When winter storms threaten to make travel dangerous, people often turn to salt, spreading it liberally over highways, streets and sidewalks to melt snow and ice. A new study warns that introducing salt into the environment — whether it’s for de-icing roads, fertilizing farmland or other purposes — releases toxic chemical cocktails that create a serious and growing global threat to our freshwater supply and to human health.

  • Water security

    Interstate water disputes are as American as apple pie. States often think a neighboring state is using more than its fair share from a river, lake or aquifer that crosses borders. Climate stresses are raising the stakes.

  • ARGUMENT: Water crisis

    In February, much of Texas plunged into darkness when the state’s electricity grid failed due to extreme cold weather conditions. What started as a foreseeable blackout quickly became a life-threatening calamity. “This catastrophe illustrates what happens when aging and inadequate infrastructure is hit by extreme rain or snow—an increasingly regular occurrence due to climate change,” Lucía Falcón Palomar, Obinna Maduka, and JoAnn Kamuf Ward write. “And, the matter extends well beyond Texas. It is easy to forget that, within U.S. borders, communities have long endured the conditions seen in Texas in February.”

  • Water security

    Water’s value to society goes far beyond quenching thirst. An indispensable resource, it is required not only to sustain life, but also for economic prosperity. Water, for example, is needed to generate energy and to manufacture nearly everything, from food to clothes, cars and electronics. Our future economy and national security highly depend on the availability of clean water. But there is a limited supply of renewable fresh water when and where it is needed.

  • Water security

    An estimated 4.1 million people in the lower 48 states are potentially exposed to arsenic levels that exceed EPA’s drinking water standards.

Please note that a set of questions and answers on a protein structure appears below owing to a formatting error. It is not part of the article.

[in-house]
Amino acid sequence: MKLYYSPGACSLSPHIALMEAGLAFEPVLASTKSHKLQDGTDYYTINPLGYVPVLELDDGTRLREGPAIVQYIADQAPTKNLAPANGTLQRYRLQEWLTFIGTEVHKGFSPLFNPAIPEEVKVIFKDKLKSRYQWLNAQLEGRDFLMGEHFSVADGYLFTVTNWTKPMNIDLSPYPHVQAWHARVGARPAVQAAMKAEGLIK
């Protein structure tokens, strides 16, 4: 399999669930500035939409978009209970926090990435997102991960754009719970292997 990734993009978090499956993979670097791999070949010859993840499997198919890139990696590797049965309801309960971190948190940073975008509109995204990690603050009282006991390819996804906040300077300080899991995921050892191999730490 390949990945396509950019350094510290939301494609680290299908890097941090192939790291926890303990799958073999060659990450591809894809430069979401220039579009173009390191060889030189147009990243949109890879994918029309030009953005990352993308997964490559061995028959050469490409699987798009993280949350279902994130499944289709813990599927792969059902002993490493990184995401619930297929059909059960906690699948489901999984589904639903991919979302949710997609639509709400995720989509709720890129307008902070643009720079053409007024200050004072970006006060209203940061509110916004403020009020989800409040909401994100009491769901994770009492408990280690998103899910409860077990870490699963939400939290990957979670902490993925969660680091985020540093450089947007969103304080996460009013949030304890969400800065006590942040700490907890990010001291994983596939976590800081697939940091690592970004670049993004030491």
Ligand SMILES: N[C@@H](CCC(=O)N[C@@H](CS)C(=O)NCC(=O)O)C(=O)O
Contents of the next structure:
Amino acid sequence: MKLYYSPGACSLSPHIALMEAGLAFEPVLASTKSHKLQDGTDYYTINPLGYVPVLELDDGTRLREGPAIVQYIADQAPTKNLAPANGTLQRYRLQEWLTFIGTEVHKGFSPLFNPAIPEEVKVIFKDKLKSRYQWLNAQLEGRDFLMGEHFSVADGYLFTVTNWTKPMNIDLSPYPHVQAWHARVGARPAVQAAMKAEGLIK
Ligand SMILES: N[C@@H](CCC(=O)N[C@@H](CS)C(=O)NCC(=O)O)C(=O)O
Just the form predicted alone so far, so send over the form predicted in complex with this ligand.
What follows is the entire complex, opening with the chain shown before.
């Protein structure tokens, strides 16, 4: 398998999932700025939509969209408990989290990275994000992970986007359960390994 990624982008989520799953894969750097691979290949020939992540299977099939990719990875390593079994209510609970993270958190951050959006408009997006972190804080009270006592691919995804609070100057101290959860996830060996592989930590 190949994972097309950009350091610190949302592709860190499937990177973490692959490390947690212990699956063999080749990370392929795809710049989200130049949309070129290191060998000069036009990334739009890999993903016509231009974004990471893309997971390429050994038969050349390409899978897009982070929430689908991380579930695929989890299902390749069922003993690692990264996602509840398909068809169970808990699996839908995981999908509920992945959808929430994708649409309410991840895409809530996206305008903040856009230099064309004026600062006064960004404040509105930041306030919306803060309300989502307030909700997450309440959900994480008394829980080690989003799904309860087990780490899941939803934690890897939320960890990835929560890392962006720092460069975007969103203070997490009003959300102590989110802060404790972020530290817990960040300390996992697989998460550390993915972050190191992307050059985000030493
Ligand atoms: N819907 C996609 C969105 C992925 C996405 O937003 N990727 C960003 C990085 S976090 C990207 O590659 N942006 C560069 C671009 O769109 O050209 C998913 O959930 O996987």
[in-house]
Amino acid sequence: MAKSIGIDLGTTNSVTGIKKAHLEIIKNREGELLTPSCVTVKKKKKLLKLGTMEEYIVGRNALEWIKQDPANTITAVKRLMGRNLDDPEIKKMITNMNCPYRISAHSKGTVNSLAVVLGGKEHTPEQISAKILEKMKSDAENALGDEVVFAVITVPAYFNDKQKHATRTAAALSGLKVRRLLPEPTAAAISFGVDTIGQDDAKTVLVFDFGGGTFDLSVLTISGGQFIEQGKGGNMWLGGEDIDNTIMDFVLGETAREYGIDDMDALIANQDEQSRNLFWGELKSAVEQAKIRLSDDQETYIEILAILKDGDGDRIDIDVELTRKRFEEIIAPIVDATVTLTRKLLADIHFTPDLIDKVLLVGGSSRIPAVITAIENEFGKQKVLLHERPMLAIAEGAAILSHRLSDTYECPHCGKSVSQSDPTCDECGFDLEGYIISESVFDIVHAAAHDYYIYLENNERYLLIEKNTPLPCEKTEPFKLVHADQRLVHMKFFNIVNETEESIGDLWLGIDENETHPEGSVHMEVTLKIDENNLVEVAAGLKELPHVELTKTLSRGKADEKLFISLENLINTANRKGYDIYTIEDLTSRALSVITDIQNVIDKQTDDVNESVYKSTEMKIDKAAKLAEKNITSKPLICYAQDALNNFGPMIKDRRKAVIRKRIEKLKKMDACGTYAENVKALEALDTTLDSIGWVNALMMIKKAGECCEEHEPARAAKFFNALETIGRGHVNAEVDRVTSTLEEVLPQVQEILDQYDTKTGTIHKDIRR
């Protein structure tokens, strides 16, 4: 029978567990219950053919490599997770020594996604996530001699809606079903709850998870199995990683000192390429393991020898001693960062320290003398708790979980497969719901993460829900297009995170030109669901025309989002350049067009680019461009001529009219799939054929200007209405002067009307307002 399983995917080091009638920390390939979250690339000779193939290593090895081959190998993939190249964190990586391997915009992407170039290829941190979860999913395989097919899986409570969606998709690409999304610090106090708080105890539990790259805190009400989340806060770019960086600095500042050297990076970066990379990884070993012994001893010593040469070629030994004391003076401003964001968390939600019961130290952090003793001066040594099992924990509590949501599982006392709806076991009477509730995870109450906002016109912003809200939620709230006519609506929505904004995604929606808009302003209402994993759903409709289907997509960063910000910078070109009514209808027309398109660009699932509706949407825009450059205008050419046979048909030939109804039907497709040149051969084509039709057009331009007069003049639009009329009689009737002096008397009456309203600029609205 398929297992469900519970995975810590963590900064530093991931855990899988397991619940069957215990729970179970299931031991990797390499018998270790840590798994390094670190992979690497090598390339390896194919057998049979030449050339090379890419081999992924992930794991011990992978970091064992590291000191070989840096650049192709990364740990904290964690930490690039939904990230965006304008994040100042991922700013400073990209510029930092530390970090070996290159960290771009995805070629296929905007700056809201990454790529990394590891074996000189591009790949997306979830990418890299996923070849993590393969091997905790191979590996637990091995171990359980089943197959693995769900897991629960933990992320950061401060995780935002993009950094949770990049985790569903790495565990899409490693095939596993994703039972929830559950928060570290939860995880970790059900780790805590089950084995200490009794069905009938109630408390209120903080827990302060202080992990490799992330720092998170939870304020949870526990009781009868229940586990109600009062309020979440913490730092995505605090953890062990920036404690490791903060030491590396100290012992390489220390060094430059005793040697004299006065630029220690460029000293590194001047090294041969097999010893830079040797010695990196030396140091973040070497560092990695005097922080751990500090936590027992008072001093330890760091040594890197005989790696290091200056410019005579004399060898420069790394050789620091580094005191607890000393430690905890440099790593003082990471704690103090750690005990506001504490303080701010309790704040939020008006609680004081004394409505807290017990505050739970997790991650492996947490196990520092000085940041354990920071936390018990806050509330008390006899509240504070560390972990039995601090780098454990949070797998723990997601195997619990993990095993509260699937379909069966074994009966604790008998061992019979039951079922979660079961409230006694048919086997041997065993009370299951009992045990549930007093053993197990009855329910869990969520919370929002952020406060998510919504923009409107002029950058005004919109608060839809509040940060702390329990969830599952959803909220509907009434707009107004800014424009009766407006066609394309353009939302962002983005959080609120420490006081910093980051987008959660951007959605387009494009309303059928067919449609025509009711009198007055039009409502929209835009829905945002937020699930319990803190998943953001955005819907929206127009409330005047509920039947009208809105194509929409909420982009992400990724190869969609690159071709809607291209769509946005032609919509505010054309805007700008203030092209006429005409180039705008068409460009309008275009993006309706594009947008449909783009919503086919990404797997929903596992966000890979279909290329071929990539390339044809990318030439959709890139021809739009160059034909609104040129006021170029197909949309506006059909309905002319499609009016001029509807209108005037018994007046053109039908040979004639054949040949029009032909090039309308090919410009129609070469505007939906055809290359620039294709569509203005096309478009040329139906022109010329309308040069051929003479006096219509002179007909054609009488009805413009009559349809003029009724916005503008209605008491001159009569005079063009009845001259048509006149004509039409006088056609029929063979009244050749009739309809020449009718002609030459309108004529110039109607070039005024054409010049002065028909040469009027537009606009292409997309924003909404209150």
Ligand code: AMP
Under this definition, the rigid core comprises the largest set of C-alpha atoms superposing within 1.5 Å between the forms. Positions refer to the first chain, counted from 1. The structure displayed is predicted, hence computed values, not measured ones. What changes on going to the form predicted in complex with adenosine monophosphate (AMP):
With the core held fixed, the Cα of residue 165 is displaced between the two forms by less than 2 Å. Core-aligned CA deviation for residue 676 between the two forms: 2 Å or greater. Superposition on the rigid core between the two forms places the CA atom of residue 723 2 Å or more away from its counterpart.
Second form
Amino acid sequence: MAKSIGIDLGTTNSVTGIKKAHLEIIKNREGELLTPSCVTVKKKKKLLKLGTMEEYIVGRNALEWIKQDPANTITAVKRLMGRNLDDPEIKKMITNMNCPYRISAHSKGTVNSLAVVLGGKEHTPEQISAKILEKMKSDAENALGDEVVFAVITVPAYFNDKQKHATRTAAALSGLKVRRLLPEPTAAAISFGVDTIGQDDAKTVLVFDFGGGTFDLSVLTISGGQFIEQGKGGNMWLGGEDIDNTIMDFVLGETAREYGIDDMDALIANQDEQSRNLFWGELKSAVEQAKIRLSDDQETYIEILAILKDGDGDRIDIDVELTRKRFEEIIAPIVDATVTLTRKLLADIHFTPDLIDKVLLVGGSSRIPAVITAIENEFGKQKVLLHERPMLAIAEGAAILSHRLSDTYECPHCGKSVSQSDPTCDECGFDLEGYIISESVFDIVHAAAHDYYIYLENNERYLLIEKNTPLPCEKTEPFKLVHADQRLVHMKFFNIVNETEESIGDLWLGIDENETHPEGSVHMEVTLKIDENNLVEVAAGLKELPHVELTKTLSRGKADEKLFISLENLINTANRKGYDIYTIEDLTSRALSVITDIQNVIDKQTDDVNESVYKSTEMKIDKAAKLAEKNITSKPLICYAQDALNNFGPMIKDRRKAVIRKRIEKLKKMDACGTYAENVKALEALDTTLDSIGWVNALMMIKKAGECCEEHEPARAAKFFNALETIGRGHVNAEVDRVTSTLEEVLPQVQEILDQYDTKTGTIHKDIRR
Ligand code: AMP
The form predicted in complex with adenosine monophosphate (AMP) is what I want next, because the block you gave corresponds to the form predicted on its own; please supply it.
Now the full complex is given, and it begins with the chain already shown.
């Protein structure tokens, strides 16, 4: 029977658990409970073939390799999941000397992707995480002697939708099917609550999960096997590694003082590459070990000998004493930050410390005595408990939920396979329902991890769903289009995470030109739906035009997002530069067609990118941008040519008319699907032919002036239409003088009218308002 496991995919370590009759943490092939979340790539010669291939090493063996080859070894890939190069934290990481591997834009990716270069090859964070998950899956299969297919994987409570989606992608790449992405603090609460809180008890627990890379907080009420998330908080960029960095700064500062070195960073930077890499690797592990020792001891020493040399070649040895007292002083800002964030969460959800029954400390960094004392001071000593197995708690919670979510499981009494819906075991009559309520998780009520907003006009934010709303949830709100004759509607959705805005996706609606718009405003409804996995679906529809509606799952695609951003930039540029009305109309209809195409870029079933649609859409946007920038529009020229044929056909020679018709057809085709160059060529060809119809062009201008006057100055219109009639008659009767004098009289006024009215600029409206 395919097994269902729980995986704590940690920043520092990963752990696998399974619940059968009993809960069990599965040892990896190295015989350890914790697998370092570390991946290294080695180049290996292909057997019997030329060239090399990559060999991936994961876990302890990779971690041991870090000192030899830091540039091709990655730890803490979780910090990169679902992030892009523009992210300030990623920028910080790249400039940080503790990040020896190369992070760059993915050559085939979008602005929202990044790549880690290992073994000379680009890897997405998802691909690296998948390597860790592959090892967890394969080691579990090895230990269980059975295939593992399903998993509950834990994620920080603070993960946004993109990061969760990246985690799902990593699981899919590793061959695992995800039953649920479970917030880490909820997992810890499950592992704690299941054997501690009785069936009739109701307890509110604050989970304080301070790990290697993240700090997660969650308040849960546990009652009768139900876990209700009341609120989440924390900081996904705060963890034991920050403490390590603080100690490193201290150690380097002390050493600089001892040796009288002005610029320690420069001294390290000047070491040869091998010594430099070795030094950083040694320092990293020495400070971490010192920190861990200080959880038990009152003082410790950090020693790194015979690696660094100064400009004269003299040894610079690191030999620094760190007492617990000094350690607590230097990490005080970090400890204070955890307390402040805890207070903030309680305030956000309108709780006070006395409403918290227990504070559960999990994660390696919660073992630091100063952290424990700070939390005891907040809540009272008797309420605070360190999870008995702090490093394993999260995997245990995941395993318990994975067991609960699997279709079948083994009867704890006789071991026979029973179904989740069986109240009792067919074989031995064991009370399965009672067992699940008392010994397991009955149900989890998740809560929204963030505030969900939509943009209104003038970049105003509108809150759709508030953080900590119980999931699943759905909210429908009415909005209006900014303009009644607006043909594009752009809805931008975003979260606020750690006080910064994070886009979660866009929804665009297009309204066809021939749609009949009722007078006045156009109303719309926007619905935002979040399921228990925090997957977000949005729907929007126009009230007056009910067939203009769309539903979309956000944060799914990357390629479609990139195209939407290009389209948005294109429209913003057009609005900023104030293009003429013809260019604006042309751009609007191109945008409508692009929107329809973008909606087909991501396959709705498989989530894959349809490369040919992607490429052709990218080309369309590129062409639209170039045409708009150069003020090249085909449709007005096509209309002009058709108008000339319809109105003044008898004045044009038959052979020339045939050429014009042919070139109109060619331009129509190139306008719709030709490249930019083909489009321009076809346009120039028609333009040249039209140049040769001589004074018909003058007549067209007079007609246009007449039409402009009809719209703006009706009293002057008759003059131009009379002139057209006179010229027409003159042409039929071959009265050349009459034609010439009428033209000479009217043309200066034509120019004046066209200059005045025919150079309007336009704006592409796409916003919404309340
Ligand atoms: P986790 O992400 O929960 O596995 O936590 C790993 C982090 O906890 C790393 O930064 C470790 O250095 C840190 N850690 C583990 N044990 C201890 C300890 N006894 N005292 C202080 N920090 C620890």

• Quick Takes // By Ben Frankel

    In 2009, the U.K. intelligence services submitted their annual intelligence report to then-Prime Minister Gordon Brown, warning of the coming threat of “water wars” between states vying for diminishing fresh-water resources. Rising water-related tensions between India and Pakistan and between Ethiopia and its neighbors bear out the report’s warnings. The recent decision by Turkey to use its dam system to limit the amount of water flowing into Syria is a demonstration of using the control over water sources for exerting pressure on neighboring states.

  • Water wars

    Turkey has reduced the volume of water flowing downstream toward Syria, and the first to feel the pinch are the Kurds in Syria’s Kurdish region. In the last decade. Turkey has built twenty-two dams in southeast Anatolia, leading to fears in Syria and Iraq that Turkey was going to use its control over the sources of the Tigris and the Euphrates to apply political pressure on both countries.

  • Water security

    To avoid a substantial increase in water scarcity, biomass plantations for energy production need sustainable water management, a new study shows.

  • Food security

    A warming climate may not increase water demand for Midwest crops that may instead be adapted through soil management to changing air temperatures and moisture, say researchers helping farmers manage the challenge.

  • Water security

    Bioenergy is frequently considered one of the options to reduce greenhouse gases for achieving the Paris climate goals, especially if combined with capturing the CO2 from biomass power plants and storing it underground. To avoid a substantial increase in water scarcity, biomass plantations for energy production need sustainable water management, a new study shows.